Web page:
STEMM Profile: Cut Aja Fauziah | PhD Student in Petroleum Engineering | Curtin University | Perth | WA

“Women often receive ‘stereotype threat’ in STEMM fields, such a society and system that still assume that women have less skill sets, so that the women are hesitant to enter such fields, and they have to deal with the negativity and bias from their workplaces. Especially the women from minority groups are even doubly subjected to variances of bias and discriminatory behaviour”

Before graduating a Bachelor of Science in Chemistry from the University of Syiah Kuala, Aceh-Indonesia, Cut Aja Fauziah was involved in assisting in the humanitarian tsunami emergency and subsequent recovery efforts. She has been involved in several community-based projects, which builds capacity and assists community members regarding psychosocial and gender-based violence issues. This story was started when Aceh – Indonesia (her hometown) was hit by a tremendous earthquake and tsunami in 2004. Those disasters, and the political conflicts that preceded it have touched her deeply and inspired her to help the community.

On the surface, it might appear odd that her formal undergraduate education in chemistry would eventually lead a career as the humanitarian worker. However, it does not sound surprising that she has chosen a different career path, which has brought where she is right now. She understood that Aceh certainly demands to rebuild its human capacity and to cover the loss since hundreds of thousands of people had lost their lives or been missing due to the tsunami. This motivated her to pursue a master’s degree in metallurgical engineering at the Western Australian School of Mines (WASM), Curtin University, Australia, under the scholarship of the Indonesian government. Right after graduating, Cut Aja was employed at her alma mater, the University of Syiah Kuala, as a lecturer. She fully realised that the future goal will require her to pursue higher education.

Currently, she is enrolled as a PhD student in petroleum engineering at Curtin University with a scholarship from the ministry of finance of the Republic of Indonesia. Her research focus is on the wettability of CO2/brine/mineral/rocks system, with the implication of the research is related to the flow of CO2 and its entrapment in the subsurface formations for CO2 geological storage and fluid spreading and dynamics in the reservoir for CO2 injection of methane recovery. She is expecting to graduate in October 2020, and pursuing her dream future career in collaboration between industry and academia.

What inspired you to do science? Have you always liked STEMM?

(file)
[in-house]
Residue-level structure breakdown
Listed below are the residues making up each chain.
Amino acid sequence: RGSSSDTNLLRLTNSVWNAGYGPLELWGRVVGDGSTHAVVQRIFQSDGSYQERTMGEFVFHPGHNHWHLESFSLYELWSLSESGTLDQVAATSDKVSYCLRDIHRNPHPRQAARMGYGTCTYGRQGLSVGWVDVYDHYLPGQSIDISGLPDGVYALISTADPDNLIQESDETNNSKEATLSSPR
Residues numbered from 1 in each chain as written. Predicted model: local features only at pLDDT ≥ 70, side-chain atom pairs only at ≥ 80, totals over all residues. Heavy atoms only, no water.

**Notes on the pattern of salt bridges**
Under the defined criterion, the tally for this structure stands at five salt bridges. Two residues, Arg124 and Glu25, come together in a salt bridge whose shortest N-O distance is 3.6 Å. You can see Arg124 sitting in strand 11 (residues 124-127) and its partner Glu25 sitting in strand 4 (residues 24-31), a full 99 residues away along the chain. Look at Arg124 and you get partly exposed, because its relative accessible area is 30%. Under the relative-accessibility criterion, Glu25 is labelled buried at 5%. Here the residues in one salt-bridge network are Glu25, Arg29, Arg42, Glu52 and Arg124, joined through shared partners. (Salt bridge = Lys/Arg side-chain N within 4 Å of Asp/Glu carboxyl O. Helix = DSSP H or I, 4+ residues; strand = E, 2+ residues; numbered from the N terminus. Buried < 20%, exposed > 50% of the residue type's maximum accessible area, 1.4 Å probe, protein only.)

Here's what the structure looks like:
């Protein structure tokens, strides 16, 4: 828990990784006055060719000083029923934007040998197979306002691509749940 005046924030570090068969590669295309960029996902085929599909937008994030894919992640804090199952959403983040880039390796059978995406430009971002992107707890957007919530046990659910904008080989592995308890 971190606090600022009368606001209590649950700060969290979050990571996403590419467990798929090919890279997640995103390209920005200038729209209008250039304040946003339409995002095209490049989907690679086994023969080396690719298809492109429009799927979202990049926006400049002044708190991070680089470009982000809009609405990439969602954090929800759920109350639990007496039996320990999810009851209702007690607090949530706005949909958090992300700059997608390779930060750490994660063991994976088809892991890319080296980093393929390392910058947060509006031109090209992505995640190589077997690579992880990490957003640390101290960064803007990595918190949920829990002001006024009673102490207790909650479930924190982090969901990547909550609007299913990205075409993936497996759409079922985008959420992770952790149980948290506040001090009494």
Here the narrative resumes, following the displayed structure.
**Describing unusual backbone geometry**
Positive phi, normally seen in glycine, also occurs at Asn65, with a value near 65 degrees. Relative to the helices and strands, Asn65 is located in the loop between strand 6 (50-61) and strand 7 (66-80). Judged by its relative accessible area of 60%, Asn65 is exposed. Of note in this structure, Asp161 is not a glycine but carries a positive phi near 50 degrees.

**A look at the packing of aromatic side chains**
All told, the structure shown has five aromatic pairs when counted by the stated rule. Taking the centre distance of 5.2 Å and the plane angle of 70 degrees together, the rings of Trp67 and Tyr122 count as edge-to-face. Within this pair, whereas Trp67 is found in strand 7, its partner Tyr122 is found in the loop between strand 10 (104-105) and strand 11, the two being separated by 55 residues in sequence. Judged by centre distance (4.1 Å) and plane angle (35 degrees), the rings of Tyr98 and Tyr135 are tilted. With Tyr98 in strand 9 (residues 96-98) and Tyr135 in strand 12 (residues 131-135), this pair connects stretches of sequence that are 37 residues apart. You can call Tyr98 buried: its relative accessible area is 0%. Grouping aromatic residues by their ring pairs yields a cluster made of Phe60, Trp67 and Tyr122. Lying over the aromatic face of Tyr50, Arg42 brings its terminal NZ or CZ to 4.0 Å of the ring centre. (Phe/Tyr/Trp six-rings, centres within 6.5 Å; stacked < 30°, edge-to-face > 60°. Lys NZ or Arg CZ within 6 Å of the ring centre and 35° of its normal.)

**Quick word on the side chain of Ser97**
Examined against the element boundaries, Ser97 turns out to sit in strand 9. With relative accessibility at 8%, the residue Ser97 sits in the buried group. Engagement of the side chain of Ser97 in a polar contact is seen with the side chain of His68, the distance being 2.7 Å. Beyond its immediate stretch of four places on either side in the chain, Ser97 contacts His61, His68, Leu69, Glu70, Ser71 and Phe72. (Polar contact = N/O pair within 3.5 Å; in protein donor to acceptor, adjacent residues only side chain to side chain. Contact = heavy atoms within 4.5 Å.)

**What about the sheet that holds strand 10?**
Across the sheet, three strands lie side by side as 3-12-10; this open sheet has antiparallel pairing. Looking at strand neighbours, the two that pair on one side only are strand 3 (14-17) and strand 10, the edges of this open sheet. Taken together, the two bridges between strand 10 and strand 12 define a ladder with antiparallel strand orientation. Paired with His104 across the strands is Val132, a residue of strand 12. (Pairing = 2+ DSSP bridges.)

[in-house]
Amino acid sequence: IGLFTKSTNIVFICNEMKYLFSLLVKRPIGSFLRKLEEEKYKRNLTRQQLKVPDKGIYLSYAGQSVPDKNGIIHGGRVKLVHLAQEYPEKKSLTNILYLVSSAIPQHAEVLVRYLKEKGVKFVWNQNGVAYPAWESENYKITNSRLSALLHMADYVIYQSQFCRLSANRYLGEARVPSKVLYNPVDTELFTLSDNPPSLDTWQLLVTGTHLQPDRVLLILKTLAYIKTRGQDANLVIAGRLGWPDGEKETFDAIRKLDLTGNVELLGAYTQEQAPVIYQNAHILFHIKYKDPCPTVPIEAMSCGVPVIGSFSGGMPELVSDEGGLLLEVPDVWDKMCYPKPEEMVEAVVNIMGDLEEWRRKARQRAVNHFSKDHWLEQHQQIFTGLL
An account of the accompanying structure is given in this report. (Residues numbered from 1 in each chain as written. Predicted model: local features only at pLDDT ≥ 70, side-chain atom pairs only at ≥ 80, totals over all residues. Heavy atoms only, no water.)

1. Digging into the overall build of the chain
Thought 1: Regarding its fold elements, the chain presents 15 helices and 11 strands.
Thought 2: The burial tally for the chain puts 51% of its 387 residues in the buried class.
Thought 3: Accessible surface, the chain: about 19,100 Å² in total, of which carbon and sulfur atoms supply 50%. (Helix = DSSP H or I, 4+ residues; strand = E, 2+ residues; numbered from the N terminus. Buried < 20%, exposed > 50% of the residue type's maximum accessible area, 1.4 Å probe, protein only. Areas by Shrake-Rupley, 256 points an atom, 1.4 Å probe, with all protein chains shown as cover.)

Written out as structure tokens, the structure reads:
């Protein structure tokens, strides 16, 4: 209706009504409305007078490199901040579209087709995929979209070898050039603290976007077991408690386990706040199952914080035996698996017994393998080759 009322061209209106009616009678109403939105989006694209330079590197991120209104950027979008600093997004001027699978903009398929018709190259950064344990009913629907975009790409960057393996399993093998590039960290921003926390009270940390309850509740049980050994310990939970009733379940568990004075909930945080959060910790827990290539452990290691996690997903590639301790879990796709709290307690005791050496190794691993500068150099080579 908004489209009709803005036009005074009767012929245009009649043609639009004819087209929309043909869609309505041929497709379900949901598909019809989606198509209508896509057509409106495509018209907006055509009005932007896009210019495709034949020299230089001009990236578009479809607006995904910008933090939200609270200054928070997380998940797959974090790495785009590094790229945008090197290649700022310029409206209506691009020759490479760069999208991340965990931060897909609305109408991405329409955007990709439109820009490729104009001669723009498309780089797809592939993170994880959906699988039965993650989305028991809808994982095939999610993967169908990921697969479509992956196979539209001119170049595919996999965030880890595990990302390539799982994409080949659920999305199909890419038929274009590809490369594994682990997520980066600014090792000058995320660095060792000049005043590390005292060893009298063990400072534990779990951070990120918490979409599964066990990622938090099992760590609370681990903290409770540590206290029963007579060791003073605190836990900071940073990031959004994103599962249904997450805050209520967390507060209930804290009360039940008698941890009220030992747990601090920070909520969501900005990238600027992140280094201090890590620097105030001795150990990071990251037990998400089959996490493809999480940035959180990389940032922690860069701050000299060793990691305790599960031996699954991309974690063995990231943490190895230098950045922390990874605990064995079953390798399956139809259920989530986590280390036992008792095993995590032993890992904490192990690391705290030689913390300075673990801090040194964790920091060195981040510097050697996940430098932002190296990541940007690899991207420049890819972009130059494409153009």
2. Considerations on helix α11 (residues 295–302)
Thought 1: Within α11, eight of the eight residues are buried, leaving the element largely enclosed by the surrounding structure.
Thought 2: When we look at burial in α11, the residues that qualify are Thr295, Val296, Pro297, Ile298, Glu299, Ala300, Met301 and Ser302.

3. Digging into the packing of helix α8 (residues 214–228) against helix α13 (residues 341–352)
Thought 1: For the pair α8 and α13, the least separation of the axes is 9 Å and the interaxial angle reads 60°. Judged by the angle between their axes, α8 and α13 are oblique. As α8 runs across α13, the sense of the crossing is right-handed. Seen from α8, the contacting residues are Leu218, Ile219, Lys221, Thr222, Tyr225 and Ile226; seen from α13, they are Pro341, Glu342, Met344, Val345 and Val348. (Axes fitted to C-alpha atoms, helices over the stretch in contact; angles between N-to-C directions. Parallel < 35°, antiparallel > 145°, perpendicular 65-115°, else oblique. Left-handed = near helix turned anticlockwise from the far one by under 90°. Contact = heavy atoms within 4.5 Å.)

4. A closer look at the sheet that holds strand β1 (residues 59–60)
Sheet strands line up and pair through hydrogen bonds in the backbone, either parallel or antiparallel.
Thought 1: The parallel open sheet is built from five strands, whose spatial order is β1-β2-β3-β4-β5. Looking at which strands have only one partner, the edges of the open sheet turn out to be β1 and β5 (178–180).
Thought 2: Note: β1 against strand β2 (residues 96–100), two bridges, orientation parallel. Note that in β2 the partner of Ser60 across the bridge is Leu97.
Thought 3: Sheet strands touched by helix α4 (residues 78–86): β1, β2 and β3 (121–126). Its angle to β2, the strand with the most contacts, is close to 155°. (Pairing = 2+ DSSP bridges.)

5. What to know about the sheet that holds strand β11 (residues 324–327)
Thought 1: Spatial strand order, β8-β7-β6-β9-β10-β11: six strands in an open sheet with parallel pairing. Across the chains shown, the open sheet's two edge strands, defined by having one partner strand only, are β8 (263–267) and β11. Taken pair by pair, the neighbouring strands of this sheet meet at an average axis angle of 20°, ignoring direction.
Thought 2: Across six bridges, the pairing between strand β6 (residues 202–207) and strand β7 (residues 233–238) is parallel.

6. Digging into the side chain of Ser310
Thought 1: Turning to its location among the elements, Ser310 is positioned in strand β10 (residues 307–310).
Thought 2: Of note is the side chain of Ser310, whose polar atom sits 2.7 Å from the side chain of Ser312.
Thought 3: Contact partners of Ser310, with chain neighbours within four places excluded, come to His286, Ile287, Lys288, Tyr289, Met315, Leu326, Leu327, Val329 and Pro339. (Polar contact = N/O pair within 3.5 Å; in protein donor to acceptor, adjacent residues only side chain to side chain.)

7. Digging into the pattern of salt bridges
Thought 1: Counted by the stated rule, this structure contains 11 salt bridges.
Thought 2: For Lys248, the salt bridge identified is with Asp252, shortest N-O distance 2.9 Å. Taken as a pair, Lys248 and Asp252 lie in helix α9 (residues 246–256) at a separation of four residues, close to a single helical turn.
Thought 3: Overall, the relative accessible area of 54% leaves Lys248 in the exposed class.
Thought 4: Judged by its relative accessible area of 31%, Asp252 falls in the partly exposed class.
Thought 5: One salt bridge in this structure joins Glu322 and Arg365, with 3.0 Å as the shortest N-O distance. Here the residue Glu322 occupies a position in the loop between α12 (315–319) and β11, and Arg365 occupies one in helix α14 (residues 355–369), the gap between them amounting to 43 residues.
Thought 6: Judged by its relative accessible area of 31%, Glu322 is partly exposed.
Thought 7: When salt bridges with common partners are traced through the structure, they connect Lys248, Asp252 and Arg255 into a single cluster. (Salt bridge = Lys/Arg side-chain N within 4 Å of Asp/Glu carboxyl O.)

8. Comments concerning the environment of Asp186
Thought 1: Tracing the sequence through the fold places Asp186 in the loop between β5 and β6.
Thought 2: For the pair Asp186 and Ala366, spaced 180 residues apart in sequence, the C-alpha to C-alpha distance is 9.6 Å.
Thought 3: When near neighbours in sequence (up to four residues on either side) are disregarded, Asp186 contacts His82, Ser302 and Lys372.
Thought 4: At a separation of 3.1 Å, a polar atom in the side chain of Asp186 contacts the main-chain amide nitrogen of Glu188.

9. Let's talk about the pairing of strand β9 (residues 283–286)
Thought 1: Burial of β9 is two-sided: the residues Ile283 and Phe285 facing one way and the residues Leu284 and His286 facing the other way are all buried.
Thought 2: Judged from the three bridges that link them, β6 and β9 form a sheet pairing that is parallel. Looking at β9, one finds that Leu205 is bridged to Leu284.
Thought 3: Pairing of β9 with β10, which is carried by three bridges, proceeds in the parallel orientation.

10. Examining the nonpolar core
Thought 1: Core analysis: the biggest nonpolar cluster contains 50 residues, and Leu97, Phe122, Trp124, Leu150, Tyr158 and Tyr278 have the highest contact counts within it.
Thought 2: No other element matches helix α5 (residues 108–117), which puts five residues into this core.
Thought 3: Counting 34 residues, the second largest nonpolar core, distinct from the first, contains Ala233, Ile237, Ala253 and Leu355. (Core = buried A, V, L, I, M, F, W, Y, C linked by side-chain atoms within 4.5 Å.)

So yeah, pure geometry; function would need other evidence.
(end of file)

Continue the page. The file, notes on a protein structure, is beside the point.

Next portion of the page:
My father was a math teacher. As a child, I enjoyed learning mathematics, chemistry, biology and physics. I enjoyed finding out how to solve the questions about calculations and liked to know how things work. This has influenced me when I had to decide for study and until now, science and engineering have been sensible choices for me. I realise that studying and working in STEMM means learning something related to the world around us and that we can find innovative solutions to real-word challenges.

What are you favourite past-time or hobbies?

Doing workouts/sport (especially gym/fitness) and dancing are my favourite hobbies. I enjoy doing these activities in my free time with passion, commitment and joy. Workouts make me happy and healthy, and increase my energy levels. They involve a lot of physical exercises and activities, with good physical and mental benefits. I have been learning and performed dancing on various occasions since I was in high school. Dance is an art, which involves intense and rigorous preparation of body and mind; and it keeps my body active and alert.

Do you have a mentor(s)? What is the most crucial aspect of your professional relationship?

Yes, I have mentors. Mentoring programs, such as the IMNIS program, help me strengthen the implicit skills that can be applied in professional workplaces or even in daily life. Communication is the most crucial aspect of professional relationship. Effective communication can lead to extended professional networks.

How do you cope with self‐doubt? How do you cope with imposter syndrome?

It took me a long time to overcome self-doubt and build self-confidence. I remember one mantra “If not you, then who?”. If you do not try to overcome this yourself, then no one will do for you. What I do is that I imagine my success, take a big long breath, and then take action and just do it. In this case, having the courage to take action is the key factor, the more you act with it, the more courageous you become.

How do you cope with imposter syndrome?

Respect your own ability and experience, and stop comparing yourself to other people.

What is the biggest challenge to women pursuing a career in the STEMM sector?

Stereotype threat is the biggest challenge. Women often receive ‘stereotype threat’ in STEMM fields, such a society and system that still assume that women have less skill sets, so that the women are hesitant to enter such fields, and they have to deal with the negativity and bias from their workplaces. Especially the women from minority groups are even doubly subjected to variances of bias and discriminatory behaviour.

LinkedIn: Cut Aja Fauziah

Twitter: @ajafauziah


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